Survey data is notoriously tricky. As a Tableau product consultant, I’ve come across survey data in all forms and circumstances—from large-scale surveys in fully-fledged market research organizations to smaller internal surveys within my team. There is always a common challenge—properly structuring this data for analysis in Tableau.

In this blog post, I’ll walk you through some steps on how to reshape survey data for easier analysis in Tableau. You can also walk through these steps in more detail with the workbook below:

Step 1: Pivoting your survey data

Typically, survey data is formatted so that each row corresponds to an individual respondent and a column for each question. This results in what we like to call ‘short and fat’ data, where we only have as many rows as respondents, but many columns for all the questions. However, Tableau prefers that data be ‘tall and thin’. To adhere to this preference, we need to pivot the data so that we’ll have fewer columns and many more rows.

When you pivot your data, you want to keep any dimensions—that is, the fields you want to ‘slice and dice’ by—out of the pivot so that they are stored as separate columns independent of ‘Questions’. With survey data, this tends to be any demographic information about your respondents. For example, age, gender, country, etc.

This results in your many columns being converted into just two ‘Pivot Field Names’ (renamed to Questions) and ‘Pivot Field Values’ (renamed to Responses). This multiplies the number of rows that were originally in your data source by the number of questions included in the pivot. Now, each row in the data set corresponds to one question per respondent.

There will often be ‘null’ responses, meaning a respondent didn’t answer the question. You should apply a data source filter to exclude these so that every record corresponds to an answered question per respondent.

You can learn more about pivoting your data in Tableau with this Quick Start Guide.

Step 2: Cleaning your data for analysis

After pivoting the data, the hard work is over! Now it’s just a matter of cleaning up the data so that analysis is as easy as possible.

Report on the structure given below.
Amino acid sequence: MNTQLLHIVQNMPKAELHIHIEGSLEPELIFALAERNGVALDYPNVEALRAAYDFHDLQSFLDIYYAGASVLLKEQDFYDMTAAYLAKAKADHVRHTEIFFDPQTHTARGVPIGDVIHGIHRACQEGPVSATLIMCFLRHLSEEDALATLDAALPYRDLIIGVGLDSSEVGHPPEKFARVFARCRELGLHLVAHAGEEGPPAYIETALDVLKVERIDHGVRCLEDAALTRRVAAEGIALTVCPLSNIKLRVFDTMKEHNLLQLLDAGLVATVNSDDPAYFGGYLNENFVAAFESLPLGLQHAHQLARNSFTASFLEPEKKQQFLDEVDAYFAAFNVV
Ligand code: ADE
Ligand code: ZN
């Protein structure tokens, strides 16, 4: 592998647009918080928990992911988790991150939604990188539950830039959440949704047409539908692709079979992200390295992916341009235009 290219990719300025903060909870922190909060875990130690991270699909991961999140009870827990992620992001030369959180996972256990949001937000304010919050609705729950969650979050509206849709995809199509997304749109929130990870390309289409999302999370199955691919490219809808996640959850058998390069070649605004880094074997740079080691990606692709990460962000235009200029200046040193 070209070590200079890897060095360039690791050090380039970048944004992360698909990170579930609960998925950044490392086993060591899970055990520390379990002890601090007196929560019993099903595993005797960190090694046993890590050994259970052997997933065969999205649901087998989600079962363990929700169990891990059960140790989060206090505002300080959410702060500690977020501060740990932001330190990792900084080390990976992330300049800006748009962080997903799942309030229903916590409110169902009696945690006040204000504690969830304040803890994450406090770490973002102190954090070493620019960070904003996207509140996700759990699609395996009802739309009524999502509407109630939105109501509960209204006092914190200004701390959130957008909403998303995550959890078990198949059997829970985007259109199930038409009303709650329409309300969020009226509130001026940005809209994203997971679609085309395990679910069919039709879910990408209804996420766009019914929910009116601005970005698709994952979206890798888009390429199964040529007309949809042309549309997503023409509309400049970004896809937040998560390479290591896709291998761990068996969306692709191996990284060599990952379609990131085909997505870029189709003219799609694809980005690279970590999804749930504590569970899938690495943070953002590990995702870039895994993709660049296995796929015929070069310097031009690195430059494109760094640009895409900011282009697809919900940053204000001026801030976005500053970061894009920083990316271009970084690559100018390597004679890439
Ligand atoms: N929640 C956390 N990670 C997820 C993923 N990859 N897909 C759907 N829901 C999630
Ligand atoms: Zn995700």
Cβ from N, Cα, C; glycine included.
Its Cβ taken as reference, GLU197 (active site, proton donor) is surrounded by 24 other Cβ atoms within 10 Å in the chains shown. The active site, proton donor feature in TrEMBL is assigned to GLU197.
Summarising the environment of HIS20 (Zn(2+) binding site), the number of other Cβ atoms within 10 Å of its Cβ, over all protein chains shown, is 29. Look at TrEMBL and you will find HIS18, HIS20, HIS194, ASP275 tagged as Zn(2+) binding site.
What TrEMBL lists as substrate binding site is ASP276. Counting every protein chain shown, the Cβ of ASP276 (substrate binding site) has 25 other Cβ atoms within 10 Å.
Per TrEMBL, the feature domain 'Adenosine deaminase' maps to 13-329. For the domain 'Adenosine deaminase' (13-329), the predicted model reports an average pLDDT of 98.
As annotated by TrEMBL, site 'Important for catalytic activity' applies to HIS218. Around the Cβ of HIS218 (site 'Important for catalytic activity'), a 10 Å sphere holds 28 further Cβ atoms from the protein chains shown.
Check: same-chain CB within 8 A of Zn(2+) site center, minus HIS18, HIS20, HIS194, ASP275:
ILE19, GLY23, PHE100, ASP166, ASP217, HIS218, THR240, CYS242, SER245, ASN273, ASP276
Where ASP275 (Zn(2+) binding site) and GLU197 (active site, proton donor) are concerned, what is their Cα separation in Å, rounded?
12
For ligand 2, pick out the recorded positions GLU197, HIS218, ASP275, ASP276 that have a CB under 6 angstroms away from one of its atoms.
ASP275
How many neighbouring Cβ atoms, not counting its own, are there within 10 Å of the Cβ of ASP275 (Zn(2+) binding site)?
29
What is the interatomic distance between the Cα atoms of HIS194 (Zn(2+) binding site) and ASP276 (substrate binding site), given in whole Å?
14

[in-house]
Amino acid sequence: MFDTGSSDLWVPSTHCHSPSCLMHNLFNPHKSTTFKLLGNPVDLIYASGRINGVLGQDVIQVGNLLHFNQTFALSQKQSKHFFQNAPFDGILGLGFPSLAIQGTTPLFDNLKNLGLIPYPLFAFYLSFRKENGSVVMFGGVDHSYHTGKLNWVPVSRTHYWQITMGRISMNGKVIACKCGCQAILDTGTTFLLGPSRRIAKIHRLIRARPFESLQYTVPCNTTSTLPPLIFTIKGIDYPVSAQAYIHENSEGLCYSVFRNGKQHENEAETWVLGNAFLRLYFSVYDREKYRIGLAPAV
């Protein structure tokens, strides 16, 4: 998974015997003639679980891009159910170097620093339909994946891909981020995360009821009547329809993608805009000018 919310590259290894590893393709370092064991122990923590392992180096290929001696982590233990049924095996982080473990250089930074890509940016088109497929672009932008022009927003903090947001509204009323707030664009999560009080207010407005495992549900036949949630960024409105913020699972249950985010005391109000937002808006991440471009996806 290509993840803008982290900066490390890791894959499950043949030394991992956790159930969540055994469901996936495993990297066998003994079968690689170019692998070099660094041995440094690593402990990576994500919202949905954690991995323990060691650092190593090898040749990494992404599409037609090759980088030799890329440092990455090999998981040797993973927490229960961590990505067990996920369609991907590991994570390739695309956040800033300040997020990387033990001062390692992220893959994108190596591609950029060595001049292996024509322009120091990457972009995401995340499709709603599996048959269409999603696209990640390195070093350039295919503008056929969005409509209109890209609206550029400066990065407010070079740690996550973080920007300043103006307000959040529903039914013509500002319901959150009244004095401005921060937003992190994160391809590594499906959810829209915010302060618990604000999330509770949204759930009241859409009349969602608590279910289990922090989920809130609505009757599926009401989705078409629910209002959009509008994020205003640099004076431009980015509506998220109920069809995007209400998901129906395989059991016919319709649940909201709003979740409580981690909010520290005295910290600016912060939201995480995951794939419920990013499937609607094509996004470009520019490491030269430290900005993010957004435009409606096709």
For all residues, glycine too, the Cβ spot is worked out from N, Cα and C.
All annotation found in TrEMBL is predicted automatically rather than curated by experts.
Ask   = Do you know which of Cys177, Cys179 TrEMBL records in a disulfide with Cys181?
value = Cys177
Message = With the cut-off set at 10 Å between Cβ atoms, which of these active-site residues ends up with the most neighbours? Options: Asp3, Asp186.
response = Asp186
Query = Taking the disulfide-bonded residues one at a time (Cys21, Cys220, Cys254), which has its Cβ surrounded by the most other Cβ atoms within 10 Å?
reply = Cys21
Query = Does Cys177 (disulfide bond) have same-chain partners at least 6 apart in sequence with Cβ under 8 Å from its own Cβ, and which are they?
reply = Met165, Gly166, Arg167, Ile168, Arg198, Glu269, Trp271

One of the first steps I always take is to duplicate the response field and change the data type to numeric. This will convert any numeric response keys (like ratings) to measures. This makes it easier to do a variety of things, like computing averages, for example.

Another step is to group the questions that have similar answer keys (like ratings questions, Likert scale, yes/no, etc.). This makes it simpler to analyze questions of the same type by using the field ‘Question Type’ and ‘Questions’ on the filters shelf.

Step 3: Start analyzing your survey responses

As soon as the data is in the right shape for analysis in Tableau, it becomes incredibly easy to build different kinds of visualizations and interact with them in a dashboard. With one click on ‘use as filter’, a viz will instantly become a filter for the rest of the dashboard; and with quick filters, you can chop and change the question you’re viewing responses for.

Play around with this completed dashboard:

Anyone working with survey data should be especially excited about Project Maestro, Tableau’s new, visual and direct approach to combining and cleaning your data. You can download the beta here.

New to Tableau?

No problem. Tableau has plenty of free training videos that can help you learn the skills you need to build effective vizzes and communicate your data clearly. Happy vizzing!

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